TELLURIDE – San Miguel County, joined by local conservation group Sheep Mountain Alliance and a coalition of seven other concerned environmental organizations, has filed an agreement in U.S. District Court in Washington, D.C., that settles their lawsuit against the U.S. Fish and Wildlife Service challenging its 2006 decision not to list the Gunnison Sage-grouse as an endangered species.
Although the USFWS in late March filed notice in federal court that it would reconsider its earlier decision to deny federal protection to the bird, the settlement agreement commits the agency to a court-ordered deadline to prepare a new listing decision by June 30, 2010.
“They basically pushed the reset button,” said Amy Atwood, senior attorney for the Center for Biological Diversity. “They’re going to make that decision over again.”
Atwood said that the agreement and commitment had to be in place in order for the coalition, which also included Audubon, the Black Canyon Audubon Society, the Center for Biological Diversity, the Center for Native Ecosystems, the Larch Company, Public Employees for Environmental Responsibility, and WildEarth Guardians, to dismiss its lawsuit.
"We are eager to secure protection for the Gunnison Sage-grouse as soon as possible,” San Miguel County Commissioner Joan May stated in a press release.
“Long-term viability of the species is unquestionably at risk now, and every additional delay decreases the likelihood of full recovery," she continued.
In its March filing the USFWS wrote that its reconsideration was in response to an investigative report filed by the Inspector General of the Department of the Interior last December. That report concluded that the former Deputy Assistant Secretary for Fish and Wildlife and Parks, Julie MacDonald, and other Bush administration officials interfered with federal biologists’ decision-making for multiple endangered species, including the Gunnison Sage-grouse.
The settlement comes on the heels of discouraging findings from counts at 11 known breeding grounds, called leks, conducted by the Colorado Division of Wildlife in the San Miguel Basin this past spring.
Researchers saw 33 males strutting and displaying fans of pointy tail feathers on the leks. Eighteen males were seen on the Miramonte Lek, home to the basin’s core Gunnison Sage-grouse population.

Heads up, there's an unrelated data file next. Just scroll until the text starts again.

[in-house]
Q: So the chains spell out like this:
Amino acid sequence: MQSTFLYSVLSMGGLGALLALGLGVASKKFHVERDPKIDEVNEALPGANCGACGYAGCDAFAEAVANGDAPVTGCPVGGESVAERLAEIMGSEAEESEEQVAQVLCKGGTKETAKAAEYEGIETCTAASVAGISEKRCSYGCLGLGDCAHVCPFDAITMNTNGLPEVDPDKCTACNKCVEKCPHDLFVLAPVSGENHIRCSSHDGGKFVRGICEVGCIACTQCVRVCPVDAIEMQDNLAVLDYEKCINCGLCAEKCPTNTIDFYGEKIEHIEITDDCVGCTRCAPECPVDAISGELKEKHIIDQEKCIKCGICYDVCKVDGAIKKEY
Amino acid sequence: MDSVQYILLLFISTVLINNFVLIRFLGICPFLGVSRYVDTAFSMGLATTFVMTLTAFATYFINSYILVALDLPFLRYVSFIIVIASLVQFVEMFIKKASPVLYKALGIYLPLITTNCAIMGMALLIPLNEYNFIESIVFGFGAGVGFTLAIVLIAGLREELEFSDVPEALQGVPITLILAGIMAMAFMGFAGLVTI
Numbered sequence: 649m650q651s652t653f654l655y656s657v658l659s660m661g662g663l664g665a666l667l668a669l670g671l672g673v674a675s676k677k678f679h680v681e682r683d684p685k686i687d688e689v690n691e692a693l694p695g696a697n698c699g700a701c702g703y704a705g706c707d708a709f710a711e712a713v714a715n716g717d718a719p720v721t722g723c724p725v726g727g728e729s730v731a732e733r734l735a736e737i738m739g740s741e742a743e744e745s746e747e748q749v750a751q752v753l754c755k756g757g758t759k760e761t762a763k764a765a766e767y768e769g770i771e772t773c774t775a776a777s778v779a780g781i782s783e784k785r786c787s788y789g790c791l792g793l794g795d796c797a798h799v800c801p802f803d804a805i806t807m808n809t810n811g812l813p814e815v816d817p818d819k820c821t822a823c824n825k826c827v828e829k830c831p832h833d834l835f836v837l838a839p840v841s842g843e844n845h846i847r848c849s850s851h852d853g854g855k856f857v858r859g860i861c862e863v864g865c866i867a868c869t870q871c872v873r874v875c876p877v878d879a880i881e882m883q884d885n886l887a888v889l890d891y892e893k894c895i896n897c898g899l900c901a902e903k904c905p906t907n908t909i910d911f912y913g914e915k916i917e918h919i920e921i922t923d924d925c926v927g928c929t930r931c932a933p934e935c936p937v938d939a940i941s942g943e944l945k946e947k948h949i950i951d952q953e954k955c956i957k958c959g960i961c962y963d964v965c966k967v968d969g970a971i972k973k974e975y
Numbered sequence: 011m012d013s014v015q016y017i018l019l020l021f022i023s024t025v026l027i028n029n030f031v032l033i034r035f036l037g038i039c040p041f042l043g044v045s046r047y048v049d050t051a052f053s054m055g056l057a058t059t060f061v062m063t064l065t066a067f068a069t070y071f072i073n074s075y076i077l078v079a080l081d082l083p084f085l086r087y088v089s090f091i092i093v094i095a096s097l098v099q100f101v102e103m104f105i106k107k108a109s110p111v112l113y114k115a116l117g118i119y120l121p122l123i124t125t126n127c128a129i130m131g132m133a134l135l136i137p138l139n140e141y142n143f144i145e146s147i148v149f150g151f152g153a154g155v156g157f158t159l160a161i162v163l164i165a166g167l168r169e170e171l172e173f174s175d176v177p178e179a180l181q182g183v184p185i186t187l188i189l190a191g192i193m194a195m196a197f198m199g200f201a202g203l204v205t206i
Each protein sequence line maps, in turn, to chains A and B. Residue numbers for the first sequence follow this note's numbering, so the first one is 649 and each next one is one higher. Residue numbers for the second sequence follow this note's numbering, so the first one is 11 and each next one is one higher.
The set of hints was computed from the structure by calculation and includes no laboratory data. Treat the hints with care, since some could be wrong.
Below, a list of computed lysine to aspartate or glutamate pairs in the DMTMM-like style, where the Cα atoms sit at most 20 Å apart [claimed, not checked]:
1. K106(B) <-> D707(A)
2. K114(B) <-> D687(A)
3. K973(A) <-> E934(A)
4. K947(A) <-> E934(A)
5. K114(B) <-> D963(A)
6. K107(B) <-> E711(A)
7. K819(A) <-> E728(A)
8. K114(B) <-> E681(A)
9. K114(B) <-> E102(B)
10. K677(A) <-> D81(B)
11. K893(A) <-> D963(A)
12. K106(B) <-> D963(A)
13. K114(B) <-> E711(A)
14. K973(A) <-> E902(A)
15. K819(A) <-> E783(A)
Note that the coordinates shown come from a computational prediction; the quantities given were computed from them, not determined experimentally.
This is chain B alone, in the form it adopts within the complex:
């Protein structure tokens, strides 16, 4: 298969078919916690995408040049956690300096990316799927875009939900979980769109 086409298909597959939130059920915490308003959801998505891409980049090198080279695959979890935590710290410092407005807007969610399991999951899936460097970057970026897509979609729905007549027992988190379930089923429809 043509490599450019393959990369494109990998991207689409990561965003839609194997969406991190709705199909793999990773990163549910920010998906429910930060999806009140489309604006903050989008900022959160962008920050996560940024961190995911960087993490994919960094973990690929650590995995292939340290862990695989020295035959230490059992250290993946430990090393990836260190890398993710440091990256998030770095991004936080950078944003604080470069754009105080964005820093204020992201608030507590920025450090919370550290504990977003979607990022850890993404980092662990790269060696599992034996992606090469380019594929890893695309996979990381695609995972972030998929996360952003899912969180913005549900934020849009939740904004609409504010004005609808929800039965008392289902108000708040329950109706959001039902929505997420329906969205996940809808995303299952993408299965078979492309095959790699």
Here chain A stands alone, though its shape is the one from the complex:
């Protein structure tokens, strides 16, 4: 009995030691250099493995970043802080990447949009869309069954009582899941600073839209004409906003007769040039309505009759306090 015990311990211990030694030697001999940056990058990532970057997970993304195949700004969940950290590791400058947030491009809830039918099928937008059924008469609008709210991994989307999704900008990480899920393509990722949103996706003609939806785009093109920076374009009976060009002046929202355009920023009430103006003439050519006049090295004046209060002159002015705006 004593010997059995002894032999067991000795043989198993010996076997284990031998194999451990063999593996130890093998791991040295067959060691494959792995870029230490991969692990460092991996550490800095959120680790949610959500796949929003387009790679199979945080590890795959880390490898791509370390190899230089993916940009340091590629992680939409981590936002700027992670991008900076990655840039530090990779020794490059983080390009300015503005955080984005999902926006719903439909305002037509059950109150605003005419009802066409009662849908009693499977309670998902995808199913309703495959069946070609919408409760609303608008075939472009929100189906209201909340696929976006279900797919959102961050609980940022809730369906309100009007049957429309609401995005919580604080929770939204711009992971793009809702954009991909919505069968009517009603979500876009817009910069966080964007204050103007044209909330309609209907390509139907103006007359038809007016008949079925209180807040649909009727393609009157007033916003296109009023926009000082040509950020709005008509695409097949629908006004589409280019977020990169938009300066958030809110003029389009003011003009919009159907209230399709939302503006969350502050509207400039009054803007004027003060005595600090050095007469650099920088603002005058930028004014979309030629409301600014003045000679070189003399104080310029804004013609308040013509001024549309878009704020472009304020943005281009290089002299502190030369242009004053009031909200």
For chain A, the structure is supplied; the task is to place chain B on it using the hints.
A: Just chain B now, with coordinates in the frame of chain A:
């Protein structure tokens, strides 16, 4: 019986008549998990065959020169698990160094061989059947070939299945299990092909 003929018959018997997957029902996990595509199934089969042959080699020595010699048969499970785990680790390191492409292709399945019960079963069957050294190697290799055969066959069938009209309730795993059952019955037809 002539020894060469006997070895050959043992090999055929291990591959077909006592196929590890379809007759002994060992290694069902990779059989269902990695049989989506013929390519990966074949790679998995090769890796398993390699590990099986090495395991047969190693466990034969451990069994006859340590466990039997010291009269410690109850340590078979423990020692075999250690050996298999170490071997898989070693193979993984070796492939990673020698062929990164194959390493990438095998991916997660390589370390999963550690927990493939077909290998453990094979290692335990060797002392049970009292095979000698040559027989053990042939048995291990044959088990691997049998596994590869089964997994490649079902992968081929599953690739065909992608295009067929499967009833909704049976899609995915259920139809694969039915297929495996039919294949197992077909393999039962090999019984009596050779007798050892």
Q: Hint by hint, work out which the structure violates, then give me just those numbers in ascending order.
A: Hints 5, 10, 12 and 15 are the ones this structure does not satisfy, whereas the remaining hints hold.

The numbers represent a steady decrease from the 44, 66 and 77 males counted in 2008, 2007 and 2006 respectively. Counts of females are less reliable because they remain well camouflaged in their preferred habitat of large sagebrush expanses with diverse grasses and forbs.
Audubon has identified Gunnison Sage-grouse as among the 10 most endangered birds in the United States. The Endangered Species Coalition also released a report last December listing it as one of the most imperiled species in the country.
In March Secretary of the Interior Ken Salazar released a report that found that western deserts and grasslands – home to Gunnison Sage-grouse and other sensitive species – are among the most degraded habitats in the country.
Today, the grouse's habitat is estimated to be about 90 percent smaller than its native range that once spread throughout New Mexico, northeastern Arizona, Colorado and Utah.
Only an estimated 4,000 breeding individuals are known to exist.
"We are keen to have federal protections in place, to protect not only this species in serious decline but also an important native landscape of the West that serves as its habitat," said Hilary White, director of the Sheep Mountain Alliance.
The bird’s long-term decline is attributed to livestock grazing, oil and gas drilling, motorized recreation, and urbanization.
At the completion of its review the USFWS will make one of three standard determinations: warranted for protection, warranted for protection but precluded, or not warranted for protection.
Originally USFWS biologists found that the Gunnison Sage-grouse was warranted for federal protection and drafted a proposed rule to that effect, however it changed that finding as a result of political interference.
“There was a draft that we had put together close to five years ago,” confirmed USFWS Western Colorado Field Supervisor Al Pfister.
If the agency again determines that the bird should be protected based on current information it will continue its review before finalizing its decision next June. During that time a 60-day public comment period will be announced, which Pfister estimated could take place this fall.
A warranted but precluded finding would mean that the agency believed the bird should be protected, but not before other species with higher priority.
Given this outcome the agency would pursue the listing as funding became available.
Atwood likened it to a “bureaucratic purgatory.”
Asked whether she believed the Gunnison Sage-grouse would be warranted for protection this time around, “We’ll have to see what they do but we’re hopeful,” she said.